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Father Oleg Molenko Answers Questions

Vladimir, Donetsk, Ukraine

Father Oleg, greetings!
I have a practical question.
To what extent is it appropriate to fellowship with non-Christians (Muslims)? I’ll try explaining it by a specific example: my Mom has a friend who confesses Islam (he is an “ex-Soviet”, observes no rituals, indifferent to all faiths).
My Mom is a “Russian Orthodox” in the same way (she calls us “fanatics”). Any fellowship with other faiths’ representatives is displeasing to us, but we don’t want to hurt that man’s and my Mom’s feelings. Can we receive such people at home, accept gifts, share fellowship, etc.? What should we do?

  Father Oleg's Answer

Greetings to you, Vladimir!

Your question is very important for everyday life.
It was already there at the time of the holy Apostles, immediately after the birth of the Church of Christ on the earth which took place on the day of the Holy Pentecost. The Church and the first Christians had to live and carry out their ministries in a hostile environment.
Paul the Apostle addressed this issue for his spiritual children, too:

1 Corinthians 5:
9 In my letter I said to you that you were not to keep company with those who go after the desires of the flesh;
10 but I had not in mind the sinners who are outside the church, or those who have a desire for and take the property of others, or those who give worship to images; for it is not possible to keep away from such people without going out of the world completely.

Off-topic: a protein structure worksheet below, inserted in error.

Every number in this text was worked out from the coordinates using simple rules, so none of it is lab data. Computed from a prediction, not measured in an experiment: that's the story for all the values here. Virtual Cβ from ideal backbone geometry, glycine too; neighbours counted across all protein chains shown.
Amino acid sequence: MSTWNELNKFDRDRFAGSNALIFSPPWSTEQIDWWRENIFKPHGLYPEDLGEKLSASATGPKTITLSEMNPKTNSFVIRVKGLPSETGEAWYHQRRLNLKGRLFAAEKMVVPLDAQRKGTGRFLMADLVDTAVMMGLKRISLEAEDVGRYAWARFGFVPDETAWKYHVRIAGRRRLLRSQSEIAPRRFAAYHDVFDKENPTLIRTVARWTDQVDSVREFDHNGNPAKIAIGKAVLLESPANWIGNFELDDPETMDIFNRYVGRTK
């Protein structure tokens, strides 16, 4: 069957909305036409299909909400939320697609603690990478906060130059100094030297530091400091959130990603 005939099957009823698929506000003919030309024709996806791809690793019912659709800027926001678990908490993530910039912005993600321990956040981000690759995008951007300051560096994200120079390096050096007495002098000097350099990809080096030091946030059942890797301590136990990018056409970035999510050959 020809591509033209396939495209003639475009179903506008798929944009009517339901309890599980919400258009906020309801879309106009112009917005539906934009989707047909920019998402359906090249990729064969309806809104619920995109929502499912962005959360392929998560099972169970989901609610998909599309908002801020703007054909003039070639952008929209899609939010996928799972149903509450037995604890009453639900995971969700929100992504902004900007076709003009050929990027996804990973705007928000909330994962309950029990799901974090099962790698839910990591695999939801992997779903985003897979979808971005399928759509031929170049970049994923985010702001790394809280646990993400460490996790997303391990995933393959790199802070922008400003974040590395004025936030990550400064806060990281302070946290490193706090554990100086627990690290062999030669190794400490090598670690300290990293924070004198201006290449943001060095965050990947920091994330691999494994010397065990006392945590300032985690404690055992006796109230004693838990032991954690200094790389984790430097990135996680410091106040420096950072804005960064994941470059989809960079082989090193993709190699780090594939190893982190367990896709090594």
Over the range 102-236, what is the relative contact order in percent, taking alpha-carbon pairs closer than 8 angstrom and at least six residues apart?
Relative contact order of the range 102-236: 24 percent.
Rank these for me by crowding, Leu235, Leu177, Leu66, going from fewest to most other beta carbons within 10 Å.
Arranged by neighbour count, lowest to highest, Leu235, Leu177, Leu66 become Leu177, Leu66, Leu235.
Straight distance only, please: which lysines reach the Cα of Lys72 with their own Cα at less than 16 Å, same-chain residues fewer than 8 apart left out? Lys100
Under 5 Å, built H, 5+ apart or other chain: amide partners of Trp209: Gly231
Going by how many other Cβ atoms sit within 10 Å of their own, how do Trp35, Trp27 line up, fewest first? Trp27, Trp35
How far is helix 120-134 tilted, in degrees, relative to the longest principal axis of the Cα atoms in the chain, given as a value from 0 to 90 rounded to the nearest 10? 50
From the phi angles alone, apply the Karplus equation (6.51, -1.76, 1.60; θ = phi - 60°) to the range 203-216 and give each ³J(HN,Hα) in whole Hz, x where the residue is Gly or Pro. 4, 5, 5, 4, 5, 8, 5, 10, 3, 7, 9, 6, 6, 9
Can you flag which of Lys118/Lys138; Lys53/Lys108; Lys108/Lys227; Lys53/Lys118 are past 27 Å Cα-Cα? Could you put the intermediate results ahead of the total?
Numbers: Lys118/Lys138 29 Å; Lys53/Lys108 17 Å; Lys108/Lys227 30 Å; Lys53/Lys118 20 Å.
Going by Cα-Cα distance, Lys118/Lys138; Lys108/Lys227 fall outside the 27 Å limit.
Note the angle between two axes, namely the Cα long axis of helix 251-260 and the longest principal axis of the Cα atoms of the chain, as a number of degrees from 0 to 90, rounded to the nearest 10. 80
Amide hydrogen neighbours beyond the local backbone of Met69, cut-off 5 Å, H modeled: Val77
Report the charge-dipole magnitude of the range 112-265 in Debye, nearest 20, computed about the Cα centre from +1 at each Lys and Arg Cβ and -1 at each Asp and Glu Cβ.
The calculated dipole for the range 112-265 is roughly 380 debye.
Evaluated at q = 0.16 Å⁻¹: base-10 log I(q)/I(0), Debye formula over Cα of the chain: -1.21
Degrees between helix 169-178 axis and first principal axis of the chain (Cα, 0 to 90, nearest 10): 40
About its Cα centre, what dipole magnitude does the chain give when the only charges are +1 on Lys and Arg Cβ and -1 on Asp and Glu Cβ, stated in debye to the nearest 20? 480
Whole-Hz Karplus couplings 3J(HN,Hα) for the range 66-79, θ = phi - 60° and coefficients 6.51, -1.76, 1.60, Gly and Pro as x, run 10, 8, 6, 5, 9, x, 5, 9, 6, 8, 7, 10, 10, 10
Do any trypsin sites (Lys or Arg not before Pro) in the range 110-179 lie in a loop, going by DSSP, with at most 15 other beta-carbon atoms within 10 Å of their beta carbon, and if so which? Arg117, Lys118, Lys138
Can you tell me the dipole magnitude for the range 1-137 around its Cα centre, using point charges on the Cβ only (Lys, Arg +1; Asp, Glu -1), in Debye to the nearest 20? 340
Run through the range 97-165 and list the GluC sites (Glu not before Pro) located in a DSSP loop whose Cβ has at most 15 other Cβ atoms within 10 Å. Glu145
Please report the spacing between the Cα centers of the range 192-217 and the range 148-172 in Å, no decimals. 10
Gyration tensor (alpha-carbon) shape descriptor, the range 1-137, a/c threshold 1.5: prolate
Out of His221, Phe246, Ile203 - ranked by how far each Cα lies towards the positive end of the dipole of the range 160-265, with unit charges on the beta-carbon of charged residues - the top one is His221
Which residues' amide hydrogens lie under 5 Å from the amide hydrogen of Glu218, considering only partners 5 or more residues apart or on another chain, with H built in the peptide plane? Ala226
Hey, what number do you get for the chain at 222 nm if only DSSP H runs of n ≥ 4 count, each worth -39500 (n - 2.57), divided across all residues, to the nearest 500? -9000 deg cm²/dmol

And so we, after Paul, can say, that we cannot associate ourselves with unbelievers, the heathen, Muslims and other non-Christians in the areas of faith, friendship, marriages, but not in everyday communication, or else we would have to go out of this world.

Thus, the point is not to prohibit any fellowship with unbelievers, but to wisely and reasonably put it into a certain framework. It should be remembered that, according to their genesis, they, too, are the image of God, though defective, but not to forget that that demons have a much stronger and freer access to them than to the members of the Church of Christ who are protected by grace. That’s why they can subconsciously become vehicles of demonic influences. But it’s even worse when hypocritical Christians become such vehicles, when they only cover up their misdeeds by a form of godliness and right faith.

Oftentimes human communication with people of other faiths is a lot easier, more comfortable and sure than with many modern “orthodox”. Suffice it to mention the case from the recent history of Russia, when orthodox officers, soldiers, priesthood and the rest of the people betrayed the holy father Tsar Nikolay Alexandrovich, but the Tartar regiment of His Majesty which wholly consisted of Muslims, kept their loyalty to the Tsar until the end.

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Fr. Oleg Molenko